Your dog may break well-established rules just to get your attention during the breaking in phase of having a new pup. Do not be too harsh in scolding. They’re just looking for attention and fi you come down on them too hard, you will just make the process that much more painful for them and may do permanent damage to the relationship between the dogs.
Most older dogs don’t have the energy nor the lack of décor that pups posses. Your dog might growl, snap or nip at the pup which is their way of teaching them what is acceptable. Do not scold your dog for the following reasons;
- The pup is jumping on them and will not leave them alone.
- The pup is eating their food.
- The pup is taking over their beds.
- The pup is chewing on their toys.
- The pup just will not leave them alone.
During these times it is important for you to correct the pup’s behavior and not your older dogs. If you scold your older dog it may resent the pup, become even more hostile towards it, and the end result may mean permanent hostility towards the pup, your dog withdrawing and, or eventually one of your dogs getting seriously injured.
A word to the wise…. Do not leave the pup alone with the older dog. It is better to either crate the pup or place them in separate rooms. Playing can get rough and without supervision by you, something could happen to the much weaker pup at the jaws of the more experienced and dangerous older dog.
Do NOT expect your older dog to share his toys, chew toy bed, bowl or anything with the unruly pup. Get the pup their own and watch carefully that the pup doesn’t take what doesn’t belong to them, as pups are famous for doing.
Help! My Older Dog is Depressed With the New Puppy
Naturally, this has a chance of happening. There are many well documented cases of older dogs falling into depression after bringing in a new pup, but there are things that can be done.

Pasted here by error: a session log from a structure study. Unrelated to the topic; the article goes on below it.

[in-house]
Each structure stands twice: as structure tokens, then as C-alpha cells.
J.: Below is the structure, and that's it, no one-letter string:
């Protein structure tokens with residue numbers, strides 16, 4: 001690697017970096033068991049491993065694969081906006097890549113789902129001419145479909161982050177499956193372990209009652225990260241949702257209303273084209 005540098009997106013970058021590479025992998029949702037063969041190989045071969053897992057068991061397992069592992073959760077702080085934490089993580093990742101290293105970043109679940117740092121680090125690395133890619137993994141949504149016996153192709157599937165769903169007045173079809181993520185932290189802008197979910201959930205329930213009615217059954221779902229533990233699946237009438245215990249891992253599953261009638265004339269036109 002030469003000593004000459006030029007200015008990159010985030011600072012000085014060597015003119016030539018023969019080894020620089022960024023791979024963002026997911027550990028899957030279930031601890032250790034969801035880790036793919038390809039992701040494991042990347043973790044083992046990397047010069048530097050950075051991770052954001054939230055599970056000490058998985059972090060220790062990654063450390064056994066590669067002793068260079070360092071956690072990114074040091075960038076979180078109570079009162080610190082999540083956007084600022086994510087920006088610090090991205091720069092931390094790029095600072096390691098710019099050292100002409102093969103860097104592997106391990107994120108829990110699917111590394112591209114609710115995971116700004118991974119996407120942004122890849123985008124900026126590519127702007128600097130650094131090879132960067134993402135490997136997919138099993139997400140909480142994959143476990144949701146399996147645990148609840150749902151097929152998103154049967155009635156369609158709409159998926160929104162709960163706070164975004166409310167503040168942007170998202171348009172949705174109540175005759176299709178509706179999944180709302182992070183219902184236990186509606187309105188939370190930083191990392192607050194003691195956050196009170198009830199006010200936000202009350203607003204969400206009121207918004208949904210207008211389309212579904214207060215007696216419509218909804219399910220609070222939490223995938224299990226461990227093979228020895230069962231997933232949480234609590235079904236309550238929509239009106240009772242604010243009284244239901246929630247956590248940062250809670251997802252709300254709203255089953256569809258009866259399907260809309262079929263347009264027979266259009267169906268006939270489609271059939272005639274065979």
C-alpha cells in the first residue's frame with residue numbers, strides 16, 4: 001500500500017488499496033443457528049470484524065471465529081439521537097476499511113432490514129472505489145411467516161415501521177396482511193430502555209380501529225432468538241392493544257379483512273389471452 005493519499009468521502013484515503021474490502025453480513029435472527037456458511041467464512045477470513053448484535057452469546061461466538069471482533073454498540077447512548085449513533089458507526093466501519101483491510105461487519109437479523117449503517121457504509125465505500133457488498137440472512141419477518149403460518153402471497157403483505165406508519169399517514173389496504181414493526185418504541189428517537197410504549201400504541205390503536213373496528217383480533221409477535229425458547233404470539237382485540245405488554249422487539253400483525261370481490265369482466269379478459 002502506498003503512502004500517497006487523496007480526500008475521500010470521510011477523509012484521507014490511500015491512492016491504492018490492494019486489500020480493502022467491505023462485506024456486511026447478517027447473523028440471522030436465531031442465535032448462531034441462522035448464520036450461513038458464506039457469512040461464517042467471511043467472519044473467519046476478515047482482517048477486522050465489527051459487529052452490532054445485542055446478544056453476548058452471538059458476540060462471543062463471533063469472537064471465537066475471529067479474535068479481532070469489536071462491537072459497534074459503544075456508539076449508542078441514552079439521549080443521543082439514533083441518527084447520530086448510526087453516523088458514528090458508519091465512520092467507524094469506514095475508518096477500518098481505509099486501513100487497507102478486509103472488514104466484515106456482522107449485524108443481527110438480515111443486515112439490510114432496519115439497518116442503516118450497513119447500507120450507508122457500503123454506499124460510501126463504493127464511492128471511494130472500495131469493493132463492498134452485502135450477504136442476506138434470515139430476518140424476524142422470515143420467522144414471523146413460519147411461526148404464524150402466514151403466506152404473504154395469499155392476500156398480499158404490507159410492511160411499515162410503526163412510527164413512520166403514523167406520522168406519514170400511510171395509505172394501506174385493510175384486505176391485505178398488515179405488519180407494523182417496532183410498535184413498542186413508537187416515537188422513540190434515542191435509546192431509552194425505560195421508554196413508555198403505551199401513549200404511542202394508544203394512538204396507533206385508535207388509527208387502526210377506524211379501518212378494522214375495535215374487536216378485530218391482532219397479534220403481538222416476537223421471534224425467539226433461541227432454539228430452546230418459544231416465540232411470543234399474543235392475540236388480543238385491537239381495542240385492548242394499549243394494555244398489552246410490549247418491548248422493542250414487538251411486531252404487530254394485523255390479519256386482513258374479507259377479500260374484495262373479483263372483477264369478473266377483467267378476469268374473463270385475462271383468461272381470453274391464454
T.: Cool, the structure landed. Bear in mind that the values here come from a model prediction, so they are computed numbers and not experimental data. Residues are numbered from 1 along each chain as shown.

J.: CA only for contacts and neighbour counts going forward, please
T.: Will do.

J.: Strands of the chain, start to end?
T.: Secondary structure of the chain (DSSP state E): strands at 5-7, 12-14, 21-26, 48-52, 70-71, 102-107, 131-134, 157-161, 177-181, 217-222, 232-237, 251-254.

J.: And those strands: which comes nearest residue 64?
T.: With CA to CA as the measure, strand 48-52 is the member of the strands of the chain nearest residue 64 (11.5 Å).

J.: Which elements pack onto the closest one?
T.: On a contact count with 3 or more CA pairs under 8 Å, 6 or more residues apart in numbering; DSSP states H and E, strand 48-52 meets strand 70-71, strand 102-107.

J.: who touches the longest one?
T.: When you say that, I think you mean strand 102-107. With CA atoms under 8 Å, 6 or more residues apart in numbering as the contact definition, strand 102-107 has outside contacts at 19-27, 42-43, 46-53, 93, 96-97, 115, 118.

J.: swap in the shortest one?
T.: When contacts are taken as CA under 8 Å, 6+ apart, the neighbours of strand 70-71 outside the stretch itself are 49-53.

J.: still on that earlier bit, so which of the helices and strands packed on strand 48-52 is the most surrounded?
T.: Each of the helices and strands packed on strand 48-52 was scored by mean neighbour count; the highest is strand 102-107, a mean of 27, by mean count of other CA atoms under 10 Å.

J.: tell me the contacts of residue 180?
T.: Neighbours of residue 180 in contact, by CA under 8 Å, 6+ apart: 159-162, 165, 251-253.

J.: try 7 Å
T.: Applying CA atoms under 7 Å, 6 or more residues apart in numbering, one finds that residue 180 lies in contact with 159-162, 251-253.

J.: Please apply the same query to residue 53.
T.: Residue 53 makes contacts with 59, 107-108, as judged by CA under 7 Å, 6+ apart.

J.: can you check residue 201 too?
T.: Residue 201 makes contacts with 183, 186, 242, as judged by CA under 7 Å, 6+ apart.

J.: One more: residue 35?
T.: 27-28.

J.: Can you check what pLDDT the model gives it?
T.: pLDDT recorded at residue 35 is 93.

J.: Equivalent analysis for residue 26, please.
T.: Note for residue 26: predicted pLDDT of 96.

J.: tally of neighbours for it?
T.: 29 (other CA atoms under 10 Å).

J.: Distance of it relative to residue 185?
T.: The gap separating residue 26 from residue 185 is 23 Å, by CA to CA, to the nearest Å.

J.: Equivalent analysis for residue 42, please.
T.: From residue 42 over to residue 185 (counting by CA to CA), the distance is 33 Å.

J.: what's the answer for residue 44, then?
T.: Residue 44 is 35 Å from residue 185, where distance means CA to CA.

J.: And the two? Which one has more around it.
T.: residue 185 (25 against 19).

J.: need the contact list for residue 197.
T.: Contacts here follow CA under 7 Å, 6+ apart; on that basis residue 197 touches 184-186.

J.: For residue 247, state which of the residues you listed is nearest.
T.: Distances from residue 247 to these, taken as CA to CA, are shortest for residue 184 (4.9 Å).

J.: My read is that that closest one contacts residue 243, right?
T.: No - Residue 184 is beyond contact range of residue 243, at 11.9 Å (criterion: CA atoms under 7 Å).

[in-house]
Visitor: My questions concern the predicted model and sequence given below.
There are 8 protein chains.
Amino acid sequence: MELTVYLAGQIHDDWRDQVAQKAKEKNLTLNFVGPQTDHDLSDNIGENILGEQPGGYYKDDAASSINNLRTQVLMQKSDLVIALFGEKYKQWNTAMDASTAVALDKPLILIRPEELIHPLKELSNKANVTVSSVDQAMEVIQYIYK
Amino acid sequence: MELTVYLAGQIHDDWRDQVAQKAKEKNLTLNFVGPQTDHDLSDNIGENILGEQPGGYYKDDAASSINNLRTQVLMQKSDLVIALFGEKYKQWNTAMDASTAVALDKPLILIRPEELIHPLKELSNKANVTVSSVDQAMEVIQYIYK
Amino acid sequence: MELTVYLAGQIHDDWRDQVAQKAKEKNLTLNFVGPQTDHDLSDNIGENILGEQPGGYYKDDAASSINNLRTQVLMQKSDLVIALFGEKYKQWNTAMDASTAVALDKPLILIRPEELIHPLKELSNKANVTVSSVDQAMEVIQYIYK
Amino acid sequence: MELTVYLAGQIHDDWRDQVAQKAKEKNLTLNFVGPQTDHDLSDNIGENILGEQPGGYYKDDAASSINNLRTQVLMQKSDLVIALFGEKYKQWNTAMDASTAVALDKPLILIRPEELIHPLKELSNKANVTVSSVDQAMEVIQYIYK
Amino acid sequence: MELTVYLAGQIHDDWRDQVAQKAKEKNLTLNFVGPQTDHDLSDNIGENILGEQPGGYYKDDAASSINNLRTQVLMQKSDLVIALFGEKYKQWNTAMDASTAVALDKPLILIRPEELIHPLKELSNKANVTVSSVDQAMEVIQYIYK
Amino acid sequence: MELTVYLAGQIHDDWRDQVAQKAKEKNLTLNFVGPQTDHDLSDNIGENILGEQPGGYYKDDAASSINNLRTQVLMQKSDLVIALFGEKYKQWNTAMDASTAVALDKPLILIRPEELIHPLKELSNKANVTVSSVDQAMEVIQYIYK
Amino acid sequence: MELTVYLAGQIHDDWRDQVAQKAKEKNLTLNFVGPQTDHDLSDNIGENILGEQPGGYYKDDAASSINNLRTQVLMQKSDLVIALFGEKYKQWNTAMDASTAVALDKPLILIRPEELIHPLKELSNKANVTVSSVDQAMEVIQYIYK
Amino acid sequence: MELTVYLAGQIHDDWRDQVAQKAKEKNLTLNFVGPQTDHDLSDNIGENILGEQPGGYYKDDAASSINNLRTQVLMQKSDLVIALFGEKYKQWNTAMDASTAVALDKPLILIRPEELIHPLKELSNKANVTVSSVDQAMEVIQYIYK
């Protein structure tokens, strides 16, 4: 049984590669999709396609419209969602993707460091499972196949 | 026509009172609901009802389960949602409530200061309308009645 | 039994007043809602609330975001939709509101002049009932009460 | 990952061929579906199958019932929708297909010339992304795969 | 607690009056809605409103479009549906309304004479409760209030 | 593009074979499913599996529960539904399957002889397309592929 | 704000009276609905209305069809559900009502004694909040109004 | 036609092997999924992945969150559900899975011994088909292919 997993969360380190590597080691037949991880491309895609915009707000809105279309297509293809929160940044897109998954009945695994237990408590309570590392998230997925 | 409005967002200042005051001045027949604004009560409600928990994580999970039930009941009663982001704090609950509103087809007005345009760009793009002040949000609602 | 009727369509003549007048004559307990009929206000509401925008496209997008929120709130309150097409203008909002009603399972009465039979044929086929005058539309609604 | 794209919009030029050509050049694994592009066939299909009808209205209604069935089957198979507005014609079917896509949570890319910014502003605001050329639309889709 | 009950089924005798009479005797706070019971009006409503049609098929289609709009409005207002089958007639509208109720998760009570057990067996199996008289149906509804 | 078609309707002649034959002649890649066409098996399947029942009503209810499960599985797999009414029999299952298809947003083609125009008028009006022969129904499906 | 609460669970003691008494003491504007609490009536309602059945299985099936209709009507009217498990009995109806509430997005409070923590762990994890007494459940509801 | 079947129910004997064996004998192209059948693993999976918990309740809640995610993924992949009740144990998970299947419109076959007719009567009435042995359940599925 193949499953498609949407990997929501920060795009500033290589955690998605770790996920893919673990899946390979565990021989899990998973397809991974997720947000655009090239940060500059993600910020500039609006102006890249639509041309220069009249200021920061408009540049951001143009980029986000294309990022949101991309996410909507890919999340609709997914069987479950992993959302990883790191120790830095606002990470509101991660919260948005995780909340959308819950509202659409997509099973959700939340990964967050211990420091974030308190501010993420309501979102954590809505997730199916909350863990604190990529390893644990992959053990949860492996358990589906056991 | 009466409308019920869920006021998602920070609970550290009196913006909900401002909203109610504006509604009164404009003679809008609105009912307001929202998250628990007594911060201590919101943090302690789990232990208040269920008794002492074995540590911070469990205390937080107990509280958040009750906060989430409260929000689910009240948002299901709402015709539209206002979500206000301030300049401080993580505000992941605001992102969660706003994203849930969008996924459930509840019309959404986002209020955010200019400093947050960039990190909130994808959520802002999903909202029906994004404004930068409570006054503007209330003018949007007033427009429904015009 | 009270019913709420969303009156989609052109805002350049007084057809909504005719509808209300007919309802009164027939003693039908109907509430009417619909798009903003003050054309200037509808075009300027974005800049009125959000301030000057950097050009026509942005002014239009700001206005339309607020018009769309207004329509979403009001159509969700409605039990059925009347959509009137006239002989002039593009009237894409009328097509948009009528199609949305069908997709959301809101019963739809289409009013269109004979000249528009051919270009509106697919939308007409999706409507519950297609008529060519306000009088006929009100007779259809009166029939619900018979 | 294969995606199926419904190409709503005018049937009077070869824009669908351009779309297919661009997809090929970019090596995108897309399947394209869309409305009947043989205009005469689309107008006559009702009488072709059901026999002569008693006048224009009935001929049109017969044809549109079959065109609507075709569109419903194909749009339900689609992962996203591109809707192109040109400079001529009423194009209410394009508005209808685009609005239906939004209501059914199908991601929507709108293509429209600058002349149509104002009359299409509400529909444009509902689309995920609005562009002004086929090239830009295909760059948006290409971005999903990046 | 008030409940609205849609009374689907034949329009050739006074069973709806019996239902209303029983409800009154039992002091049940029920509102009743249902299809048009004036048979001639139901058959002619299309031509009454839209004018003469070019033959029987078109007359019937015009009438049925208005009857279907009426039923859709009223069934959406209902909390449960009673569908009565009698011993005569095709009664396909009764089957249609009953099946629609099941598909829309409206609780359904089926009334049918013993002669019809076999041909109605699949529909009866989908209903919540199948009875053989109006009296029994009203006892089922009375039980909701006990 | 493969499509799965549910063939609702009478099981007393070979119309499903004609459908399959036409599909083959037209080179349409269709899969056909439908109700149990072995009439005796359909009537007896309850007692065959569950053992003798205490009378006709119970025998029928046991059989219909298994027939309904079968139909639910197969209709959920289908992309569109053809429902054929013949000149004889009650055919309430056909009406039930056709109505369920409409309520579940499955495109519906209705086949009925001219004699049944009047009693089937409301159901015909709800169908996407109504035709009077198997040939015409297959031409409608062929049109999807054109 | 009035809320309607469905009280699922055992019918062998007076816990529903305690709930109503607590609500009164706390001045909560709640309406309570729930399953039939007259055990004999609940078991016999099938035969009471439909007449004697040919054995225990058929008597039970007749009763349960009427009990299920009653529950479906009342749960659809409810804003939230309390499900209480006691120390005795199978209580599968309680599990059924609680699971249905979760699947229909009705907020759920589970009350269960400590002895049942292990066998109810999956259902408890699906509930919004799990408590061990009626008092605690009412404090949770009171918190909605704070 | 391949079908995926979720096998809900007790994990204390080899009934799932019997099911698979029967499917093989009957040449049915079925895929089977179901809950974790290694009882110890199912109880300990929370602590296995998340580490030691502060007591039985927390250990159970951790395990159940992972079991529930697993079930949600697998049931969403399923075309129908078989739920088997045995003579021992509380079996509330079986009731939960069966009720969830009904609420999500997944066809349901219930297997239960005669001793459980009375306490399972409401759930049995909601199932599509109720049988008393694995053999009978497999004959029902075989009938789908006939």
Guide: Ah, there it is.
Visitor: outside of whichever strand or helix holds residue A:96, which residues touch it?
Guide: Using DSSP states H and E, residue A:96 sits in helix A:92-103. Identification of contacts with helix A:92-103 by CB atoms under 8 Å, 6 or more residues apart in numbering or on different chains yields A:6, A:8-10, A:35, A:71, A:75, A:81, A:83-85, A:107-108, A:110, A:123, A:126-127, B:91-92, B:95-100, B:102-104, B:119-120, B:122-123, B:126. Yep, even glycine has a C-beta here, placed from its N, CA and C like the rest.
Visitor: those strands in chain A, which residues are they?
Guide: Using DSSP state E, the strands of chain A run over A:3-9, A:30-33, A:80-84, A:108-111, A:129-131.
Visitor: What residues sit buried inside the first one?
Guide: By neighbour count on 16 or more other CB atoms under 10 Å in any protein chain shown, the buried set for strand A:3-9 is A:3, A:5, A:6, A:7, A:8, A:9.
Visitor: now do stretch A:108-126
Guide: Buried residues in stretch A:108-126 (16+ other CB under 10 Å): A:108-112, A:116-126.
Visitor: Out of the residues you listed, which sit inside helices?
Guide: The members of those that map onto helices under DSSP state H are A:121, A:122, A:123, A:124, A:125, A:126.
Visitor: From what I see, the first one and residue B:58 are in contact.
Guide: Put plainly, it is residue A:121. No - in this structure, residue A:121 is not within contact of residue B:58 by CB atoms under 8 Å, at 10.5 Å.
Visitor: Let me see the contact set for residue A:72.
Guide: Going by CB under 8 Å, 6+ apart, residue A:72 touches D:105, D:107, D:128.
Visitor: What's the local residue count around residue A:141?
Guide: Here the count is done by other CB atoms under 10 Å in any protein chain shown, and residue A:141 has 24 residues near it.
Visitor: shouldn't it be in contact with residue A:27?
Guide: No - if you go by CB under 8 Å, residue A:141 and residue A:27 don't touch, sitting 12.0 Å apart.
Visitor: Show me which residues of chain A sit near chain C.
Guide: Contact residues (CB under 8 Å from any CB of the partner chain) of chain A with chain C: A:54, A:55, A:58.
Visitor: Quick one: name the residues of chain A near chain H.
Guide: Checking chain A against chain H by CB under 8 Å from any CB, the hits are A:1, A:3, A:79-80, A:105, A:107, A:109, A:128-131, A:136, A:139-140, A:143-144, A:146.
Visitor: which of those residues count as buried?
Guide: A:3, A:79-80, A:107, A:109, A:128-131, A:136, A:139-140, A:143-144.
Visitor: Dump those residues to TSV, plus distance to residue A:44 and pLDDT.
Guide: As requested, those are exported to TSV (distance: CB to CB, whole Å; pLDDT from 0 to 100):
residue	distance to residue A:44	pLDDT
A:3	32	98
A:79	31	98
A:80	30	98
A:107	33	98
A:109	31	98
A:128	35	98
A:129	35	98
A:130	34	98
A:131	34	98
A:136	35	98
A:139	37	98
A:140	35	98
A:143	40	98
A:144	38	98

- Distance. It may be time to separate them and reacquaint the two slowly as the pup learns the rules. Therefore, crating your pup for longer periods of time might be a great idea to remedy the situation.
- Remember to always greet your older dog first. Give them everything first. Let them know they are first in your heart.
- Spend more time with the older dog, with the younger dog either crated or in another room.
- Take a walk with your older dog. Just the two of you, like before.
- Make sure he has his own space to chill out from the pup.
These may reestablish the pecking order in your older dog’s mind about being the boss of the house in the canine world and give him a much needed break.
Help! My Puppy Keeps Biting My Older Dog
This is a very common occurrence. For the pup, this is play time and a part of how dog’s communicate with each other. For the older dog, it may seem like harassment, the important thing is to watch their interactions.
- Does the older dog growl or show his teeth? This is a warning for the pup to back off and hopefully that will be enough and the pup will learn to knock it off.
- Does the biting stop or is it constant? Dogs do play this way but it can become serious, so it is something that should be monitored. Cuteness says that any yelping, aversion tactics, lying down or hiding behind you may mean the play has gone too far for his comfort, so it might be a good idea to scold the pup, never the older dog.
- Your older dog may get angry, wrinkle his nose, show his teeth and emit a growl that builds in intensity. In this case, it might be a very good idea to crate the pup or separate them, Things are about to get serious.
Help! My Older Dog is Biting the Puppies Neck.
Although biting is a regular occurrence in the dog world and used for communication, an older dog biting the neck of a younger dog can happen for two reasons.
- Your older dog is jealous of the pup.
- Your older dog fears the younger dog is a threat to him.
- The pecking order of the canine world might not have been followed and he does not like it.
Whichever the case, I would recommend the following.
- The dogs need to be separated and the relationship reestablished which is going to take a lot of time and effort on your part.
- According to PetMD, the older dog needs to be pampered so that he feels more at home than ever.
- Read what I have wrote above to rectify the situation, but remember the keywords here are; older-dogs-always-first.
My Puppy and Older Dog are Sleeping Together – Is That Good?
You bet it is. There can not be a better scenario than that. It means they are getting along. Job well done.
In closing, I want to reiterate one more time and important theme I tried to make here just in case you missed it.
- Your older dog always has to be first.
- Your older dog has to be pampered.
- Your older dog is not to be scolded, but encouraged.
If you can follow those guidelines the process of bringing in a new pup, it may work out for you and your older dog really well.